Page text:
Wolffe and Bailey: Will Gitmo Reversal Help Bush in Europe?

For a White House that has been disciplined about avoiding political flip-flops, there is only one way to sum up Tuesday's announcement that the Bush administration has shifted policy on its treatment of terrorism detainees: they were against the Geneva Conventions before they were for them.

After months of arguing that Geneva rules did not apply to enemy combatants and other terrorism suspects, the Bush administration announced Tuesday that all military detainees were entitled to protections under the conventions' standards of conduct. Administration officials say the policy will apply not only to Al Qaeda detainees held at Guantánamo Bay but all suspected terrorism detainees held throughout the world. The policy, outlined in a memo written by Deputy Defense Secretary Gordon England, appears to reverse the administration's long-standing position that terror detainees were not prisoners of war and were therefore not subject to international standards of treatment.

But that's not what they're saying at the White House. Press Secretary Tony Snow insists there was no forced flip-flop, no significant "reversal of policy" because prisoners had always been treated with respect. "Humane treatment has always been the standard," he says. Instead, Snow argues, the policy was more of a reflection of last month's Supreme Court ruling that blocked the administration's plans to try detainees before special military tribunals. The court objected to the tribunals, arguing they violated international law and were not authorized by Congress. "We just want to get it right," Snow says. At the same time, he and other Bush officials renewed calls for Congress to pass legislation enabling the administration to move forward with the tribunal plan.

What's interesting about Tuesday's announcement was the timing. It wasn't just the Supreme Court decision or pending hearings in Congress on the issue of military detainees. On Wednesday morning, Bush left the White House for a five-day visit to Germany and Russia, where he will attend the G8 summit. The trip is partly aimed at shoring up the United States' relationship with its international allies, many of whom have expressed reservations about America's treatment of terror suspects.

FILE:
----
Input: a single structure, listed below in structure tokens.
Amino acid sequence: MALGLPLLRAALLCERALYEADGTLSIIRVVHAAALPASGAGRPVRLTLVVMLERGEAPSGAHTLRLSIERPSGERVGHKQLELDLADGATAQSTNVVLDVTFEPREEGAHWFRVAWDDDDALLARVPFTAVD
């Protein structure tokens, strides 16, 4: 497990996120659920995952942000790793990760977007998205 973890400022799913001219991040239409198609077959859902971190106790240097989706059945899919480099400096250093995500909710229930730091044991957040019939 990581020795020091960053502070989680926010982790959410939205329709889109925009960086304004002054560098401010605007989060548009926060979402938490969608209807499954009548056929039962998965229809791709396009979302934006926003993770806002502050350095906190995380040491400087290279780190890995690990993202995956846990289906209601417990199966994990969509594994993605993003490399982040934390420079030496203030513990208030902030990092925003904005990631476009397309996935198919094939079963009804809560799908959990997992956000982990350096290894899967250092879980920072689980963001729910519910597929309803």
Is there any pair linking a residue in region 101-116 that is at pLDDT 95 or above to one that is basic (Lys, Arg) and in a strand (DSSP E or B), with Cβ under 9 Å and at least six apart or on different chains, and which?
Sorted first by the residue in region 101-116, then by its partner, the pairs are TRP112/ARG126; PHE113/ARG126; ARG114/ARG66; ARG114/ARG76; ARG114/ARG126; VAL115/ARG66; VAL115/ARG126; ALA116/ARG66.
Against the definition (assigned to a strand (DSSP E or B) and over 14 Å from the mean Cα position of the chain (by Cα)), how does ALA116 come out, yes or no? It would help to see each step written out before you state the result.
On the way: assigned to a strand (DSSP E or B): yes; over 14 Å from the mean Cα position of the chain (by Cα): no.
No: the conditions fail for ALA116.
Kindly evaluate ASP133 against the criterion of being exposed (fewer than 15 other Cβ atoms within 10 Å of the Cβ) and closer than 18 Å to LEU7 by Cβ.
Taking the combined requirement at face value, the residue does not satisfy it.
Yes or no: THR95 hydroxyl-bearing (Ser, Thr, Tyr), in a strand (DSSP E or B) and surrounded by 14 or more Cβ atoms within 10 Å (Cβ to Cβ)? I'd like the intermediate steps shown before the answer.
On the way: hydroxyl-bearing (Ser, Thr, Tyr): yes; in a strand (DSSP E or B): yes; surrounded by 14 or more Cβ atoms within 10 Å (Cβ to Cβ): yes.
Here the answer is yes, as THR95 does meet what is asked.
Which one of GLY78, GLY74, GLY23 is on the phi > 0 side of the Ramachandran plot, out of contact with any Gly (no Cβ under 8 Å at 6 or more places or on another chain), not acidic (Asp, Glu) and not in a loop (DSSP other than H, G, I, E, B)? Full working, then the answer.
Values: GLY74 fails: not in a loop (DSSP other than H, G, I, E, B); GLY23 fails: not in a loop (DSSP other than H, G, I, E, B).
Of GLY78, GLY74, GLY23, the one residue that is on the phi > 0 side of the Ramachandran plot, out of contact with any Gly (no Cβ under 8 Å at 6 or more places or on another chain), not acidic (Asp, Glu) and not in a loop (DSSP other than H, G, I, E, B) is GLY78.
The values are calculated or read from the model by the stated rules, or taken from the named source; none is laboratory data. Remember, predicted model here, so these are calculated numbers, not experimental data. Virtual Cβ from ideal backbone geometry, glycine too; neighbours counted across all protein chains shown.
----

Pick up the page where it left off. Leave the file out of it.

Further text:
One of the president's newest allies is German Chancellor Angela Merkel, who is scheduled to meet with Bush in Germany on Thursday. Narrowly elected last fall, Merkel has visited the White House twice this year, in part because she and the president "really hit it off" in the words of one Bush adviser. While Merkel has worked to strengthen what has been a strained relationship between Germany and the United States in the wake of the Iraq war, she has also made no secret of her desire to see Guantánamo Bay closed and has pressed Bush repeatedly on the issue.

While the administration hasn't signaled any plans to immediately bow to Merkel or other critics of Guantánamo, the decision to formally apply the Geneva rules is certain to calm some nerves during what is already expected to be a touchy diplomatic tour for Bush. On Friday, Bush heads to Russia, where he will confer with President Vladimir Putin over such vexing issues as Iran and North Korea.

Republicans and the Polls

Two months ago, George W. Bush's approval rating was in the dumps, hitting the low 30s and prompting anxious Republicans to question how low he could go and whether his dismal poll numbers would hurt their party's election prospects this fall. Today, Bush enjoys a slight bump in the polls and enough of a perceived rebound for some Republicans to tout a "Bush bounce" and talk up party unity.